Her fiery red hair made her a distinctive child and she made her mark on all she met. Quite successful at school she was a strong feminist, so when she married she kept her maiden name.
Her parents were keen sailors and she grew up enjoying yachting and the lifestyle that goes with that.
The Second World War was a difficult time for the family and Avril often said her character was formed in those dark and dangerous times.
Avril thought the English people had suffered enough through the restrictions of rationing, so seizing the opportunity in the 1950s she started her own confectionery business. It was a huge success.
Cuco’s Confectionery was on everyone’s lips! Ask any English child of the late 1950s, early 60s and they will regale you with stories of Cuco’s chocolate animals, the birds being particularly scrumptious!
The business grew at a tremendous rate. Soon Cuco’s Confectionery Company, CuCoCoCo as it was affectionately known, was listed on the London Stock Exchange.
Avril had so much drive and energy she found time to compete in the Ostar, the Observer Single-handed Trans-Atlantic Race in 1964. Her red-hair made her a media favourite with the nickname the Red Skipper.
A single handed race typified her style and she ran CuCo in the same way. She was a strong manager who didn’t suffer fools gladly. Avril took charge of the minutiae of the business and left everyone clear about what was to be done, and what would happen if it wasn’t! She was quite proud of the adaption to her Red Skipper nickname that her employees used. They called her the Red Snapper because that was what she did.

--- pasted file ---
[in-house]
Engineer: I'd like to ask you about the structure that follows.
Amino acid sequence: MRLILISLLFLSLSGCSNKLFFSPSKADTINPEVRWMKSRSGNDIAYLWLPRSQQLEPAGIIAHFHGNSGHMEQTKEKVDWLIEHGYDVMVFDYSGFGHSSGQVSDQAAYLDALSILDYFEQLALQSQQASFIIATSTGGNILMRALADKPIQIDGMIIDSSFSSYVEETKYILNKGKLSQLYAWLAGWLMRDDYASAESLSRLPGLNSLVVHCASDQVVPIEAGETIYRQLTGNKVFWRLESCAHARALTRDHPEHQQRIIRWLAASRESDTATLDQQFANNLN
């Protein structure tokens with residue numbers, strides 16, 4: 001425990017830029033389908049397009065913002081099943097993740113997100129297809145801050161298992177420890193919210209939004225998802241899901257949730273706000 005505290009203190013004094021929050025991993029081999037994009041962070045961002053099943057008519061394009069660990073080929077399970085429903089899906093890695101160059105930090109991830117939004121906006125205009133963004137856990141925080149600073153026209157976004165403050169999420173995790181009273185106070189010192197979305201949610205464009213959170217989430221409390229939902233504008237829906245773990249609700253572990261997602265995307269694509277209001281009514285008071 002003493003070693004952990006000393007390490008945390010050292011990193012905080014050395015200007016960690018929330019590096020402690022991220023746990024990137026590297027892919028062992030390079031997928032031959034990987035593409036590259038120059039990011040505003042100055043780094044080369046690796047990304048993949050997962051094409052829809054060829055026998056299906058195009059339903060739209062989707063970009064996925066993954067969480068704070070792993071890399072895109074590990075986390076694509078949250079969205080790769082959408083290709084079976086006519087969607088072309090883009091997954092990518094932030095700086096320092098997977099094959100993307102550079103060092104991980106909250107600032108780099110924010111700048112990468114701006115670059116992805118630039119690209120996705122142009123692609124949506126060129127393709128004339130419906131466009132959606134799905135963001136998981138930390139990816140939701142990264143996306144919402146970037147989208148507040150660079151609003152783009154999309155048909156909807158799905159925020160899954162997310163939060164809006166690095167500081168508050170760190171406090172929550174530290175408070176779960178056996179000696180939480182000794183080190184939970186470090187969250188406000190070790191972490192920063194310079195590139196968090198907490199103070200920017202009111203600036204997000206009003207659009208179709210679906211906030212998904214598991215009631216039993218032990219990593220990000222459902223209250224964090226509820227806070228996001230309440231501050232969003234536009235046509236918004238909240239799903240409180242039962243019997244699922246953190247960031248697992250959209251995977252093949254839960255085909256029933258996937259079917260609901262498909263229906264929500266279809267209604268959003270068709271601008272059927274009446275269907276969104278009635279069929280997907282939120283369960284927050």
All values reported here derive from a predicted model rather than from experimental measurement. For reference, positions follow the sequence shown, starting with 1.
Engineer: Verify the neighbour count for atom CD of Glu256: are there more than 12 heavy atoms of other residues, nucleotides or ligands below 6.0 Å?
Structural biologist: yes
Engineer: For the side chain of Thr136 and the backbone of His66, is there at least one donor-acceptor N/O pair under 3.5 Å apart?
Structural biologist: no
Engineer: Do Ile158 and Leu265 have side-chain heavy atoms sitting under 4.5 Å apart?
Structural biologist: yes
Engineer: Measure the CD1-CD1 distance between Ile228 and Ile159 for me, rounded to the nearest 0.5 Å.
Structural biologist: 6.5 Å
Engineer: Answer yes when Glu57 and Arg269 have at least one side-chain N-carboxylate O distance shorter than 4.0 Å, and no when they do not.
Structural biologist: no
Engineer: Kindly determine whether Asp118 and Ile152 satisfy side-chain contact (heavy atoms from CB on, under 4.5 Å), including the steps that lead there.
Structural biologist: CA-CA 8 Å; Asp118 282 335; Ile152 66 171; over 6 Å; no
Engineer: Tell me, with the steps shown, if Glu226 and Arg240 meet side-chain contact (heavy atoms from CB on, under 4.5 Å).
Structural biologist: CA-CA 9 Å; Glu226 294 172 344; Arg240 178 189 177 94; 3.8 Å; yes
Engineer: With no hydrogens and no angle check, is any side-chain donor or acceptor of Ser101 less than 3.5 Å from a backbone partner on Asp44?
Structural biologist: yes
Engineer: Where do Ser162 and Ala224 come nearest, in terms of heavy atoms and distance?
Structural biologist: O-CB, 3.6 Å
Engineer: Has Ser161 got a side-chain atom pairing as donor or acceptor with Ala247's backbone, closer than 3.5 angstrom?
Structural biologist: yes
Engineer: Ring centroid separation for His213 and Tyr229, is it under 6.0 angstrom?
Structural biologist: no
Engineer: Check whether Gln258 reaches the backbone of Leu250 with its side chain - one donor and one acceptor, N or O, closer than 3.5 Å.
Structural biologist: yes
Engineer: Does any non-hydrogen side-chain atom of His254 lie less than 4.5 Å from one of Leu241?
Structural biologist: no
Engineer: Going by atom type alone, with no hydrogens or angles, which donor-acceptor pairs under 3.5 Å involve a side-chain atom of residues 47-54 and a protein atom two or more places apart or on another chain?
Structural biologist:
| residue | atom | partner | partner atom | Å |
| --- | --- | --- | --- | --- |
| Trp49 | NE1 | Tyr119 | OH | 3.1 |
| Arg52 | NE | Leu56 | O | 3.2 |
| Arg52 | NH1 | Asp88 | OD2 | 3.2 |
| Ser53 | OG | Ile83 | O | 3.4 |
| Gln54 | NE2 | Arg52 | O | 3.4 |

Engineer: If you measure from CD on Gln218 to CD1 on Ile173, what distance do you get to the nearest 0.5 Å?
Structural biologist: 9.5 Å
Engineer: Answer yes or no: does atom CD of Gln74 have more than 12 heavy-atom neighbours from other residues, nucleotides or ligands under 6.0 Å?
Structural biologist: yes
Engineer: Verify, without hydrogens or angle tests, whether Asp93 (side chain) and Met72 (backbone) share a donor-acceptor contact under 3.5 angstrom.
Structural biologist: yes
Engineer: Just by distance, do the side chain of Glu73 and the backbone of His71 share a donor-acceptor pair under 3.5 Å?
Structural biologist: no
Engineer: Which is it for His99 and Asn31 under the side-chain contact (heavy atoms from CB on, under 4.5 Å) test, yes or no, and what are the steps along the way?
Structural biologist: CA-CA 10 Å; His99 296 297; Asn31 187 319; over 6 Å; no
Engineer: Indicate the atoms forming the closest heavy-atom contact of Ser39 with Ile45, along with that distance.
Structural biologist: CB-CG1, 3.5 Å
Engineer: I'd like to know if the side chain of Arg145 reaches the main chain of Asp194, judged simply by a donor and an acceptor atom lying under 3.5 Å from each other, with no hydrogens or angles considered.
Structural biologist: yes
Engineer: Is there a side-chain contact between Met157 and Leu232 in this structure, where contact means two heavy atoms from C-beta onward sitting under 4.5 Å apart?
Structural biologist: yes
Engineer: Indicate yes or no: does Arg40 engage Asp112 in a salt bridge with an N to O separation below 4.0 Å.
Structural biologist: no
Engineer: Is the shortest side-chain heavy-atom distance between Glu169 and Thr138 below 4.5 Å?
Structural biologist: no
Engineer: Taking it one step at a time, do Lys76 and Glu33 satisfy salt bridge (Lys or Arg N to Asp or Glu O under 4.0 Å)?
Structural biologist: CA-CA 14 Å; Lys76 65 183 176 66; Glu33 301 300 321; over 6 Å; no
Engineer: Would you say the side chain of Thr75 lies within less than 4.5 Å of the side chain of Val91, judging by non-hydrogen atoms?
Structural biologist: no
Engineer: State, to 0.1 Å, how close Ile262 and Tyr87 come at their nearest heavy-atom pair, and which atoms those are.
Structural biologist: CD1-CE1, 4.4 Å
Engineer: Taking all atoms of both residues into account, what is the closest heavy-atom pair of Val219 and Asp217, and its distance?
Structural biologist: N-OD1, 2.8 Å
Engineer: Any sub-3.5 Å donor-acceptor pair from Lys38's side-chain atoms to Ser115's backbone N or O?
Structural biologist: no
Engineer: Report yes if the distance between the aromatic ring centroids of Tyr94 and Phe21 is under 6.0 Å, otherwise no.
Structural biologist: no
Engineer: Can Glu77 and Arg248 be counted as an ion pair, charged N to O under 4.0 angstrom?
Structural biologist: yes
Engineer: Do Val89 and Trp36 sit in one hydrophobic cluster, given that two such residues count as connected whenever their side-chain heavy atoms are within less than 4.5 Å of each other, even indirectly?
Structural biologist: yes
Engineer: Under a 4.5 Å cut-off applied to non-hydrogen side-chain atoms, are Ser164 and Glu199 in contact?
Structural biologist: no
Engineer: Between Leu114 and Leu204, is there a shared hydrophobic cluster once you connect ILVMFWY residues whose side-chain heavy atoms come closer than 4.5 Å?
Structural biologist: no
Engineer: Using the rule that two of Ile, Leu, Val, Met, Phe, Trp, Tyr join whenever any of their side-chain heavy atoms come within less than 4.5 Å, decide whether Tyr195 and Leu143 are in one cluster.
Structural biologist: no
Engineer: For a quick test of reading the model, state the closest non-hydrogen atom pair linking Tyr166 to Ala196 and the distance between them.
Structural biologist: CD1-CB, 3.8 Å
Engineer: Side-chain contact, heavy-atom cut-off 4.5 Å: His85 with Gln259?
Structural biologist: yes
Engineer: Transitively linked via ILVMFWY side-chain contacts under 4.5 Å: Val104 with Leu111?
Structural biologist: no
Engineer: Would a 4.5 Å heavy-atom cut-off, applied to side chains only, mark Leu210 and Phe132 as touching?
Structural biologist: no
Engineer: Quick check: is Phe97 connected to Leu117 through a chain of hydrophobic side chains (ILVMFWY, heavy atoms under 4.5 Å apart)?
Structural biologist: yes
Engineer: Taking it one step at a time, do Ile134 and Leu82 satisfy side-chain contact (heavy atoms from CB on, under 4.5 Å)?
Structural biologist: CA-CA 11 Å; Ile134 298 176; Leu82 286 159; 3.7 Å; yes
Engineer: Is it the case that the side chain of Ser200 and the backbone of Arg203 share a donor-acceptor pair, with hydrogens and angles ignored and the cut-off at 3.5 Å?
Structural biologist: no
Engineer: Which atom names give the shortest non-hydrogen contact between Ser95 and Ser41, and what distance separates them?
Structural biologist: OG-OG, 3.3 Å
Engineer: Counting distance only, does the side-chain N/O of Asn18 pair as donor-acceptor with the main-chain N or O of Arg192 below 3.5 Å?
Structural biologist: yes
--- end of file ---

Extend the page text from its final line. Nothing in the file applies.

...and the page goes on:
Of course she was very keen to bring on talented people in her business. She developed a fast track promotion scheme and spent a lot of time, her free time too, coaching and mentoring these young men to peak performance.
Sadly Avril disappeared in 1984 in a typical Avril way. Sailing her yacht round Britain, radio contact was lost and she was never seen again.
CuCo didn’t survive her disappearance, proving her oft stated assertion that her employees were a complete waste of space who couldn’t manage their way out of a paperbag. The company vanished like so many when their founder and driving force leave the stage.
Avril created a large business through sheer force of personality in the face of adversity and slack employees. A truly great leader.
Story By: Stephen Walker
You can find more Great Leader articles and tips on better management, great leadership and fostering innovation at www.motivationmatters.co.uk
Originally published 01-04-2010 in Perform, the newsletter from Motivation Matters